It is only by facing such losses and the resultant fear and anger, that we can come to feel at home in the new cosmology. If evolution is truly to become a part of a new foundational myth, then that myth must also tell the story of what we lost when evolution came on the scene."
To help us to face the dark and invite it into us, Joanna Macy, deep ecologist, founded a body of work called Despair and Empowerment. In her book, Despair and Personal Power in the Nuclear Age, Joanna lays a strong foundation for understanding our feelings of pain for the world. She points out that these feelings are normal and healthy. When we unblock repressed feelings, we release energy that is tied up, our mind becomes clear, and we reconnect with the larger web of life. This book is highly recommended for those wishing to guide grief and mourning rituals. There are also a number of good exercises including Open Sentences, Telling Our Nuclear Stories, and Imaging with Colors or Clay,
Joanna Macys and Molly Browns recent book, Coming Back to Life, describes other processes for despair work and what we are doing to our brother-sister species.
The Bestiary In a circle, several people voice a solemn reading of Joanna Macys poem, the Bestiary, which includes a list of endangered animals. After the naming of each species, a clacker is struck or a drum is sounded in one beat. At the end of the reading, members of the group are invited to add other things that are disappearing from our world. See http://rainforestinfo.org.audeep-eco/Bestiar.htm.
The Truth Mandala - I use this ritual every chance I get. Its fantastically ritualized and elicits great depth of emotion. Participants sit in a circle which has been divided in quadrants. In each section lies an object that will be used to express emotions of fear (rock), sorrow (dead leaves), rage (stick) and sense of deprivation and need (empty bowl). After an opening "om", participants step into the circle and express their feelings followed by strong affirmation by those in the circle who say "I hear you." See http://rainforestinfo.org.audeep-eco/truthm.htm.
The Cairn of Mourning Usually made out of doors, participants are invited to wander outside alone, reflecting on their love for the natural world and that which has been lost to them or which they are currently losing. They are to find an object a rock, a leaf, a flower that represents that which they mourn and bring this back to the circle. One by one, people come to the centre of the circle and place their object into a cairn, speaking if they wish as they do so. At the end, the group often holds hands, chants or sings together.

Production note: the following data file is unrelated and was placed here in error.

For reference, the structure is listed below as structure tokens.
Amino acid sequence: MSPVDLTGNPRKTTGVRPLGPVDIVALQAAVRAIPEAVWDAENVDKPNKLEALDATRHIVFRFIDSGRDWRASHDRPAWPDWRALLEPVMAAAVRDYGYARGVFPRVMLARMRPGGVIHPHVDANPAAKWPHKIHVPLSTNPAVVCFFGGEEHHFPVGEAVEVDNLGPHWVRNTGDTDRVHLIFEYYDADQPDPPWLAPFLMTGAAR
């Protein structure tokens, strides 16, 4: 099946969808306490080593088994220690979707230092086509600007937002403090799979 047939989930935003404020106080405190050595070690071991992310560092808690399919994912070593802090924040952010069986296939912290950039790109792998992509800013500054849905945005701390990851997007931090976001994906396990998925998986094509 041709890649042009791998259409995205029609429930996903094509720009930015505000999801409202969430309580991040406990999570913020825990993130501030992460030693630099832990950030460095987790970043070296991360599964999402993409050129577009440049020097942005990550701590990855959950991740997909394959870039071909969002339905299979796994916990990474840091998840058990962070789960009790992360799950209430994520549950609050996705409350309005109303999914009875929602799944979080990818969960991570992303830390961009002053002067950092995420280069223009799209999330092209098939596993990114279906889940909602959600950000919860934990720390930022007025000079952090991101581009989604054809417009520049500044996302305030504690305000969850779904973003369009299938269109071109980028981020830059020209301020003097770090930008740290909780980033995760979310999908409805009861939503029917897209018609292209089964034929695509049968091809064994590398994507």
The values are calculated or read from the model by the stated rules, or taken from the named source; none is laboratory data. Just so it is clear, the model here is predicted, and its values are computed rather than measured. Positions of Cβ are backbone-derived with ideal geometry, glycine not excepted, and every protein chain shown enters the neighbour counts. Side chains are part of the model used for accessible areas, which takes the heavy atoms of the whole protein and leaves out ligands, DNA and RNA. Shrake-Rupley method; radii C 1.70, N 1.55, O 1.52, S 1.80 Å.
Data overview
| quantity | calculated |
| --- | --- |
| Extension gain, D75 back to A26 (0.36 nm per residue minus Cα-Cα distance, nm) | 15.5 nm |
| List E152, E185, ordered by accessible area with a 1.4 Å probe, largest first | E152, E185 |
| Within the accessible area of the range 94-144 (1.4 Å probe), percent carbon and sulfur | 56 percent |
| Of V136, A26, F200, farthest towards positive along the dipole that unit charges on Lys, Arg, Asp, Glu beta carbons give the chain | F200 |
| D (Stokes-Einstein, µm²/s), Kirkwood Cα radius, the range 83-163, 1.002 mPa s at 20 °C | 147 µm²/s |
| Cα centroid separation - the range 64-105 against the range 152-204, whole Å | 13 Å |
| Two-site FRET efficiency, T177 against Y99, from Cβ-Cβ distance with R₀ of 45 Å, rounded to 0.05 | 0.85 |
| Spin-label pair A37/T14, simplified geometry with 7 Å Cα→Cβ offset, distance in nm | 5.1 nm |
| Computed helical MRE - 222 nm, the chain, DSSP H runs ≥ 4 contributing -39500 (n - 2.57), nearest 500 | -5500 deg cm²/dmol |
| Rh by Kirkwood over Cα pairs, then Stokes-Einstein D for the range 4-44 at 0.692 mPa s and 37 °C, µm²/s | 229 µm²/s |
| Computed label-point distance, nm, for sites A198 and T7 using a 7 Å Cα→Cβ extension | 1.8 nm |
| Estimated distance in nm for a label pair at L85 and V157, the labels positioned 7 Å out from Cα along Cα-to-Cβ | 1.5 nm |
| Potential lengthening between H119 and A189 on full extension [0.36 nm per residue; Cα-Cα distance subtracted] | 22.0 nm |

Heres how Epicers Catherine Browning and Mark Steiner brought in time for mourning the losses that the world has suffered.
"Several years ago Mark Steiner and I created a weekend retreat entitled "Buffaloes, Blessings, and Beauty." The idea for the theme came to us as we were walking along the grounds of the retreat center and realized the land there was the site of a former buffalo trace.
During the weekend we presented the history of the buffalo in that area, spoke about the integral relationship of buffalo and Native American peoples, mourned the loss of the buffalo while listening to an old Buffie St. Marie song, celebrated the greatness of the buffalo through the invoking of animal noise, dance, and drumming around a bonfire, and examined our ecological commitment to preserve endangered species. We blew up pictures of buffaloes that we had collected and placed them on the walls throughout the room. The ambiance during the weekend was like that of a council of all buffalo and human beings.
The weekend was very powerful, and I know certainly changed my perspective on history. As a result of taking that time to contemplate the significant contributions and mourn the loss of that great animal to North America, I gained a heightened sense of interconnectedness with all of creation. For some, such simplistic, childlike endeavors may seem ludicrous, but for those who dare to remember and dare to feel the essence of the past, a more fulfilling present and sobering future awaits them."
Doing grief work is clearly only one side of the coin which is best conducted prior to celebratory events. And as Connie Barlow points out, this part of the work is not everybodys cup of tea. For Connie, it is celebration that stirs her imagination as witnessed by her recent role in the Mammoth Memorial Service.
" in my limited experience in leading group ritual pertaining to the Epic, I do think I have figured out what is most natural for me: wild and even outrageous celebration. I look to the Macy/Brown book for tools and insights, even though I cannot envision myself ever leading the sort of environmental grief work that the book is about. I shall leave that important and difficult task to others. But celebration is important, too!
This morning I put the finishing touches on my mask/headdress that I will don to play the part of Honey Locust, delivering a eulogy for mammoths at the Mammoth Memorial Service. The 20-inch curling red pods give me comic medusa sort of look. So be it! And so for me, I take to heart this sentence on p. 65 (Coming Back to Life, Macy): "Each of us has our own style of working, as distinctive as the ways we walk or laugh. Trust it. Our naturalness and genuineness in the work is our gift to workshop participants."
Next issues column will include examples of celebration rituals and ceremonies. If you would like to offer a piece for inclusion, please write to firstname.lastname@example.org or send to PO Box 368, Lismore, NSW 2480, Australia.